Air velocity is the measurement of speed and is used to calculate how fast an airstream travels. An airstream velocity of 200 feet per minute (fpm) is, in practice, equivalent to 1 metre per second (m/s) and these units are used interchangeably between the imperial and metric systems.
We'll talk about acceptable velocities in a later blog entry, but for now, what you need to know is that airflow volume and velocity are directly related. Let's take an 8" x 18" duct for example.
For a duct with a constant cross-sectional area, the volume increases or decreases proportionally to the velocity. In the example above, the trunk duct supplying 500 cfm of volume has a cross-sectional area of 144 in2 or 1 ft2; using the formula FPM = CFM / Area, we get a velocity of 500 fpm. The branch duct takes 100 cfm of supply air to distribute to an end-location. Since the trunk duct doesn't decrease in size with the reduction in air volume, the velocity reduces to 400 fpm.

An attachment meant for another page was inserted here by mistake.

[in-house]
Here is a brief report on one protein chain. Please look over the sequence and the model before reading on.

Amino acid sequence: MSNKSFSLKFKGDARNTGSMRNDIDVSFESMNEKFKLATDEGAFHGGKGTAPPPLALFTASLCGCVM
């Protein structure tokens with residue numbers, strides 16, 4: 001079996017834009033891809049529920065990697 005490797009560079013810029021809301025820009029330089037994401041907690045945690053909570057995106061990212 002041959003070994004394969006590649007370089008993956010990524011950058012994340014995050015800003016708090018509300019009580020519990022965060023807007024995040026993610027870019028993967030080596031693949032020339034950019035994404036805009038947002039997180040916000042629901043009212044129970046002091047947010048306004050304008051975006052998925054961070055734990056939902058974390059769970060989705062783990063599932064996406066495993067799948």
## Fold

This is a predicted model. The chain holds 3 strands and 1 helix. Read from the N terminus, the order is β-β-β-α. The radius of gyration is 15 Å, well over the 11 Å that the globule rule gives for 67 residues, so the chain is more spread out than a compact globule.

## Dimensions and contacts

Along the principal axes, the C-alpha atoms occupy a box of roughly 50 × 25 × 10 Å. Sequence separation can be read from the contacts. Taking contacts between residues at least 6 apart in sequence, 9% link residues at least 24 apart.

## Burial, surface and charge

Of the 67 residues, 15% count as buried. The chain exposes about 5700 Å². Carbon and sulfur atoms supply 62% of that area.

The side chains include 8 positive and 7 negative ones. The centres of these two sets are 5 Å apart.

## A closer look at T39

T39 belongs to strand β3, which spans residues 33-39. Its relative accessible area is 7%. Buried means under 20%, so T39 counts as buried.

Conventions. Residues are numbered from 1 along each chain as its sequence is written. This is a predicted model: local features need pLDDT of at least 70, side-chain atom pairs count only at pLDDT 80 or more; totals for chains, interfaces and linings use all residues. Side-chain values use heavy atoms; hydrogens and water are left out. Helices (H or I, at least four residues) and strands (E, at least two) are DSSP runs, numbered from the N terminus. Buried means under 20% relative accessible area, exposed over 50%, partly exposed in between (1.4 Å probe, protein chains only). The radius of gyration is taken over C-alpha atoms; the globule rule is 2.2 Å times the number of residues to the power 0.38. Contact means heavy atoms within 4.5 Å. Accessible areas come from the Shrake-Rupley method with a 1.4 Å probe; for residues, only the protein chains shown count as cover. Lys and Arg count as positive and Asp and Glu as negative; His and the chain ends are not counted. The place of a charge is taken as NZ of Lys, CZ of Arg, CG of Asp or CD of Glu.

So why is this important? As mechanical designers, we need to ensure that not only are we designing our systems to provide sufficient capacity (volume) to each space, we need to ensure we're delivering it at an acceptable velocity to keep our duct sizes at the right size while ensuring the supplied air isn't delivered at such a high velocity to create noise and turbulence in the system.